What we love: Draupadi is one of the strongest characters in the Mahabharata but very few writers have done justice to that role the way Divakaruni does in this splendid book. With every page, every turn and every agonising moment of indecision and strength, we stand with Draupadi in solidarity. The author breathes magic into the reader’s soul with writing that is flawless, vivid and so stunning that you will be left breathless at the end.
5. Bossypants by Tina Fey
Genre: Memoir/ Humour
What we love: Fans of the show ’30 Rock’ will be familiar with the sarcastic wit and off-the-cuff humour that is Tina Fey’s trademark style. That’s precisely what she brings to her first book and boy, does she do a fabulous job of it too! Fey is completely comfortable in her skin and it’s the classic case of ‘What you see is what you get’. That always strikes a chord with the reader. Pick up this book. You won’t regret it.
6. Gone Girl by Gillian Flynn
What we love: Crime, deception, betrayal, marriage- this book is about all of this and more. But the true strength lies in the writing. Fast-paced, ingenious and so skillful in execution that the reader is left gasping at the twists and turns. Flynn manages to hook the reader from the get go. If you’re a fan of crime thrillers replete with dysfunctional characters and a devious plot line, this one’s for you.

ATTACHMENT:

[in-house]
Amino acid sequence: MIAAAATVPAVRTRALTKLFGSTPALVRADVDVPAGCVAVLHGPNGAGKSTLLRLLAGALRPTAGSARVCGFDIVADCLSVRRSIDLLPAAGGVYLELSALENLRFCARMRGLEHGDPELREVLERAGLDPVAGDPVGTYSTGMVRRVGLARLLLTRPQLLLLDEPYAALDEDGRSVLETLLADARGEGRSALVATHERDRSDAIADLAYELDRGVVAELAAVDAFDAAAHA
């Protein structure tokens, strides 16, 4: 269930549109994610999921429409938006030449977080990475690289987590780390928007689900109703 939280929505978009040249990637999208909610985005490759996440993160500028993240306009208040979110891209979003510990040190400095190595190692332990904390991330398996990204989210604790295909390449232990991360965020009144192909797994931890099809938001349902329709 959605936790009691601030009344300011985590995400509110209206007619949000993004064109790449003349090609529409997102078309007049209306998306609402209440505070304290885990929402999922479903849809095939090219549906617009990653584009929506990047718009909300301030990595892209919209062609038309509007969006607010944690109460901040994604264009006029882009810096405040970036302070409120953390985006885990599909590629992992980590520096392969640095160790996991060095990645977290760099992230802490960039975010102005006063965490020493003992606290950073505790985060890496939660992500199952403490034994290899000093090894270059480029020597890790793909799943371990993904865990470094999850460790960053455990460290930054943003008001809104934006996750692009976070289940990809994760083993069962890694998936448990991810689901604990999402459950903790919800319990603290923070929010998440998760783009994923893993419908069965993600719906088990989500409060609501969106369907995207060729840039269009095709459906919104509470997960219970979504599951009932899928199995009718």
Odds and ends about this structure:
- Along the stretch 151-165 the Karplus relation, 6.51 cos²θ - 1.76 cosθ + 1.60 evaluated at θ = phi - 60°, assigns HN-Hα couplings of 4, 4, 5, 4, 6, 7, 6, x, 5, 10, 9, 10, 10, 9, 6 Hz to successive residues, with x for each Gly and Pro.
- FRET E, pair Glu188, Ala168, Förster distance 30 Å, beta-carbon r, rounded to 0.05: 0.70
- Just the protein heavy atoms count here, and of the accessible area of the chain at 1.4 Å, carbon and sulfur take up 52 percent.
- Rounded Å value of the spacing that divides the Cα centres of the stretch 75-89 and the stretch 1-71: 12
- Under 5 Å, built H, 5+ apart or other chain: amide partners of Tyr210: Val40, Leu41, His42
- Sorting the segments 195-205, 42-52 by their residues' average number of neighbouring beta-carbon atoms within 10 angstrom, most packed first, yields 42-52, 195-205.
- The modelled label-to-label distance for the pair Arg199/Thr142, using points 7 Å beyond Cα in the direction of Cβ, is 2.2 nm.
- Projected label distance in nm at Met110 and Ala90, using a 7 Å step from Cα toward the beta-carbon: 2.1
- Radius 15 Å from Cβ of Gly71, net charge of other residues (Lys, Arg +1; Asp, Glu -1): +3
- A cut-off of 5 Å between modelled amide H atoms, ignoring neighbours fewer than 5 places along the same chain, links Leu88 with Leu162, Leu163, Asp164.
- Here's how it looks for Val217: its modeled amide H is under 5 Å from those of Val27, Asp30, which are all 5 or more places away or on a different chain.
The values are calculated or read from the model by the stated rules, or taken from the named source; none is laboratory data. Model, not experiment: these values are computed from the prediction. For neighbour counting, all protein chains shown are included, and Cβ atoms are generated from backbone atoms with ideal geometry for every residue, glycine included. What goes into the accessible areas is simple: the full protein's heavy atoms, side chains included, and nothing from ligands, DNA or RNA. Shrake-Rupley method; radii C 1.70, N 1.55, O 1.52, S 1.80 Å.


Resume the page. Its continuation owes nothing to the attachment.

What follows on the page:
7. Big Magic: Creative Living Beyond Fear by Elizabeth Gilbert
Genre: Writing/ Self help
What we love: Most people know Elizabeth Gilbert by her iconic bestseller, ‘Eat, Pray, Love’, which was turned into a Hollywood film. But it is Big Magic, written a decade after that book, that gives us a clear insight into the immersive fount that propels this writer forward. Consider it a self-help book on how to reach into the recesses of your creative self and move forward motivated by curiosity and not fear.